Sunday, 24 March 2013

Sons of Europe UNITED !

Antonija Kolobaric, a 16-year-old Croat, and her boyfriend Uros Randjelovic, a 17-year-old Serb, were walking hand-in-hand, wearing their state flags during a parade celebrating the 50th anniversary of The United World movement in Mostar, Bosnia and Herzegovina (BiH), where they are students.
A woman approached Kolobaric and asked how she could dare to walk next to a Serb. In response, Kolobaric kissed Randjelovic, while a friend who was with them took a photo.
The image found its way to the Internet and quickly became a social media sensation. Citizens and analysts from BiH, Croatia and Serbia say the kiss could have historical meaning.
Radmila Nakarada, a political science professor and head of the centre for peace studies at Belgrade University, said the photo has a positive impact on young people, encouraging them to have relationships without "looking deeper" into ethnic background.
"The kiss encourages the young generation to overpass divisions … as well as to protest against war consequences by non-prejudiced love and friendship, and to go ahead to the future, which will be according to their measures but not according to past ones," Nakarada told SETimes.
Sanja Latemkina, 22, a law student from Zagreb, said she would have done the same as Kolobaric and Randjelovic if she found herself in a similar situation.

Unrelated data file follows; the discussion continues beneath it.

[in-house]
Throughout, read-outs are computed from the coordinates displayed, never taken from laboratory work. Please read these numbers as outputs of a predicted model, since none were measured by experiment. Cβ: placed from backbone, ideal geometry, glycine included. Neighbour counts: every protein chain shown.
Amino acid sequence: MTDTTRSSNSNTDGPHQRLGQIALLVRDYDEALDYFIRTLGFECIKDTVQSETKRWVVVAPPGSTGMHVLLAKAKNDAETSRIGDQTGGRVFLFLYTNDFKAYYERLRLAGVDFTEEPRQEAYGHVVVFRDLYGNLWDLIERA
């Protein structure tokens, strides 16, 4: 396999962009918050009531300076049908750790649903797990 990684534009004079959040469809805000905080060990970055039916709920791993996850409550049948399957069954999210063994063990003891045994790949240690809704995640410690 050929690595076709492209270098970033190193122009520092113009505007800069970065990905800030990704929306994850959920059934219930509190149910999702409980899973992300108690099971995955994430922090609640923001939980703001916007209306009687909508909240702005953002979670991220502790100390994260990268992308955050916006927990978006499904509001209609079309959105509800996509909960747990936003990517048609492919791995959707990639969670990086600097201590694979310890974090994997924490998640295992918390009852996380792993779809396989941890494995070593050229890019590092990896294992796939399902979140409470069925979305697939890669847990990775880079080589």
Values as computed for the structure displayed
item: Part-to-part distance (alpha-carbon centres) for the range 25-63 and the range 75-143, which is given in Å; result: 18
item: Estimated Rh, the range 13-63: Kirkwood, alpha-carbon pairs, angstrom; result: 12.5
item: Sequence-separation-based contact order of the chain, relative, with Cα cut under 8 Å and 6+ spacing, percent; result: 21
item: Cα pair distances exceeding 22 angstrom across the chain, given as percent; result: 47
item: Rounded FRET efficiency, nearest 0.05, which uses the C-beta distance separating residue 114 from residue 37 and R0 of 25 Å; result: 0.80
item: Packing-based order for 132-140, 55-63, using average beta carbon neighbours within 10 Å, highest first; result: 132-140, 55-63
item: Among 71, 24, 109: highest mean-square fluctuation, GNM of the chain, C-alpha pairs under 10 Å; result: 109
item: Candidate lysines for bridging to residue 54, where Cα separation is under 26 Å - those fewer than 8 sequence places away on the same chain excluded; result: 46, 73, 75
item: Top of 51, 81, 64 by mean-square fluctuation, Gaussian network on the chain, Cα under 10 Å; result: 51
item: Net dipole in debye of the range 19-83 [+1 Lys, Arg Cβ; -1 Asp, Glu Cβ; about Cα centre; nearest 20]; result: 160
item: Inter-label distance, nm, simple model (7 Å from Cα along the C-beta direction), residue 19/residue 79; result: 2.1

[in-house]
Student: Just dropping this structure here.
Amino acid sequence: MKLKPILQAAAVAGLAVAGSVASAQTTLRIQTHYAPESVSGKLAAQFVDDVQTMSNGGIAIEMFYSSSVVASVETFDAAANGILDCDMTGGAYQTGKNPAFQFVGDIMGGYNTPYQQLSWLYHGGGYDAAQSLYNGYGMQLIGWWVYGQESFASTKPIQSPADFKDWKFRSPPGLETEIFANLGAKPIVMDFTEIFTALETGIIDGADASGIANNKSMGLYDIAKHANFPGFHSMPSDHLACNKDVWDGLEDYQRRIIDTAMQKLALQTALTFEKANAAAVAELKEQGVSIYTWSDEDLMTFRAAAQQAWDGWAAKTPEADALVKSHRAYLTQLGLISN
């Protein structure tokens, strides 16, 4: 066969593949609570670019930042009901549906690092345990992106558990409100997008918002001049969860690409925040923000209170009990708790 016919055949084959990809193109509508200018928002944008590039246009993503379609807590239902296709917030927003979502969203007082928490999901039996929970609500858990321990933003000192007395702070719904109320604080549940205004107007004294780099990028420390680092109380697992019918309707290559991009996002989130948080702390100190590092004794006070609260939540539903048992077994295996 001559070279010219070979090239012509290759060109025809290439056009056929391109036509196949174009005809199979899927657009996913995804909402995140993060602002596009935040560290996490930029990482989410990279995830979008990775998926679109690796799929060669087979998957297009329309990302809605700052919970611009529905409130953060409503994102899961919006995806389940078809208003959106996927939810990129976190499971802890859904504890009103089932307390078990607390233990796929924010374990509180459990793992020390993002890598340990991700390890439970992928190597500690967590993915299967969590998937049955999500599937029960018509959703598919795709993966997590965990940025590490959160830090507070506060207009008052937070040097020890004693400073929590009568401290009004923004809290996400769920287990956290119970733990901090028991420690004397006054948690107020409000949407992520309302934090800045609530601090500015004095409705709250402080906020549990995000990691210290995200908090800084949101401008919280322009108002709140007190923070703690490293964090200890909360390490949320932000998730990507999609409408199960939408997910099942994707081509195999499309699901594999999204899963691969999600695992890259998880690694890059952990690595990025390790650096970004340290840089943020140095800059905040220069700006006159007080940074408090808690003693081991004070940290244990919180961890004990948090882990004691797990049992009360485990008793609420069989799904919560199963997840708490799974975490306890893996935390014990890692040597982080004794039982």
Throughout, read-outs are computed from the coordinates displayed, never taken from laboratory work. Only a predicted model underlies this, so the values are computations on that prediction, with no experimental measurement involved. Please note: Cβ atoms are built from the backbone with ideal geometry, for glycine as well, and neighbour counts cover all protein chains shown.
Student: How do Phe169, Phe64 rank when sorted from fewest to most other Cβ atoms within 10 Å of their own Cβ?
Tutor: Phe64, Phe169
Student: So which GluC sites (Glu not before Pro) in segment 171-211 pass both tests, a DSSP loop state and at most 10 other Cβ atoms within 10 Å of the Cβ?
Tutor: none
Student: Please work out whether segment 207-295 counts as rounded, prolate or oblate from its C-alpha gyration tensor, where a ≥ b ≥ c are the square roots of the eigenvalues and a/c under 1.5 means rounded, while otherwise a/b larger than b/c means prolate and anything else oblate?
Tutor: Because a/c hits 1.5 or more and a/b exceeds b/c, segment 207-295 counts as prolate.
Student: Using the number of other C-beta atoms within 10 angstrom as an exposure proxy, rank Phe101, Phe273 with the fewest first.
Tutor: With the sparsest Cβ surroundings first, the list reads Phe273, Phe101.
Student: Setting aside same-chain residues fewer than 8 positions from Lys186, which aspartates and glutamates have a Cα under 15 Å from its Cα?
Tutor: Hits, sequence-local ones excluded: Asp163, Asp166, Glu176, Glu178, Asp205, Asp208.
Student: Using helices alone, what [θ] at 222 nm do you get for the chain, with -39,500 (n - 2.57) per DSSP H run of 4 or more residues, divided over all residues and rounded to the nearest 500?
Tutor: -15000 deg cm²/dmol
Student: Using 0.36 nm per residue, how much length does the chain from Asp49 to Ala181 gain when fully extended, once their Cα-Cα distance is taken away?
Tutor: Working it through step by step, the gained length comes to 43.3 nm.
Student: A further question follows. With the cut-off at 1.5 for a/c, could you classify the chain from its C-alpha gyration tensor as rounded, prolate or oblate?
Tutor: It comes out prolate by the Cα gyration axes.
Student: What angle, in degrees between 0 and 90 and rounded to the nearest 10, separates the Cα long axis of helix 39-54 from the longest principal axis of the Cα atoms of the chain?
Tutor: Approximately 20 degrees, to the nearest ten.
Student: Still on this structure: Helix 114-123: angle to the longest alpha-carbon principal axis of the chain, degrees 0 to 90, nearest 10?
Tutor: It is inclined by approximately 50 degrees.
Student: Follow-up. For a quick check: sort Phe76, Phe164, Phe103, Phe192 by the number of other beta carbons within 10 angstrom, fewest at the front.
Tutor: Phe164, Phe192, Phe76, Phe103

"I am also a child of a mixed marriage and I don't see where is the problem when someone is different nationality or religion," Latemkina told SETimes. "What can be more beautiful than love and youth? I think new generations are slowly erasing the effects of a long time of bad politics and relations between the Balkan nations, and this act is truly contribution to that trend."
"Antonija and Uros haven't bitten the bait of hatred which has been spreading around them. They had a success in catching a piece of clear, uncorrupted Balkan air," Mile Juric, a 34-year-old teacher from Belgrade, told SETimes.
For Bojan Bojic, 28, a fashion designer from Belgrade, the kiss is proof of numerous similarities that connect Croats and Serbs.
"I hope that, finally, both of us will be brave and ready to say openly how much we are close and strongly connected. All of us know how much Croats love Belgrade and how much Serbs love Croatia coast," Bojic told SETimes.
Older citizens, who lived in Yugoslavia, also were moved by the photo.
"We had lived together and nobody had cared about the name, nationality or religion of anybody else. Alma, Kreso, Kiril, Ivana -- it was the same," Olga Katuric, 76, a retired lawyer from Belgrade, told SETimes. "This kiss is the most beautiful thing I've seen for almost 25 years. It wakes my hopes for a joint future."
Miodrag Zivanovic, a professor of sociology and philosophy at the University of Banja Luka, reflected on the photo's notoriety.
"At first glance it appears very nice, but if we think about it we can conclude that the situation is not pretty. It just shows how much we are deeply divided society, and we will need lots of time to make these things become normal and not to be sensational news," Zivanovic told SETimes.
Nakarada warned that the kiss could outlive the moment only if it is followed by other encouraging gestures.
"Some examples are efforts to get back homes in Croatia for Serbian refugees, to spread gestures in favor of joint life instead of parallel lives in three ethnic communities in Bosnia … [Without such action], the kiss will be canceled by bitterness and resentment which are still present," she said.
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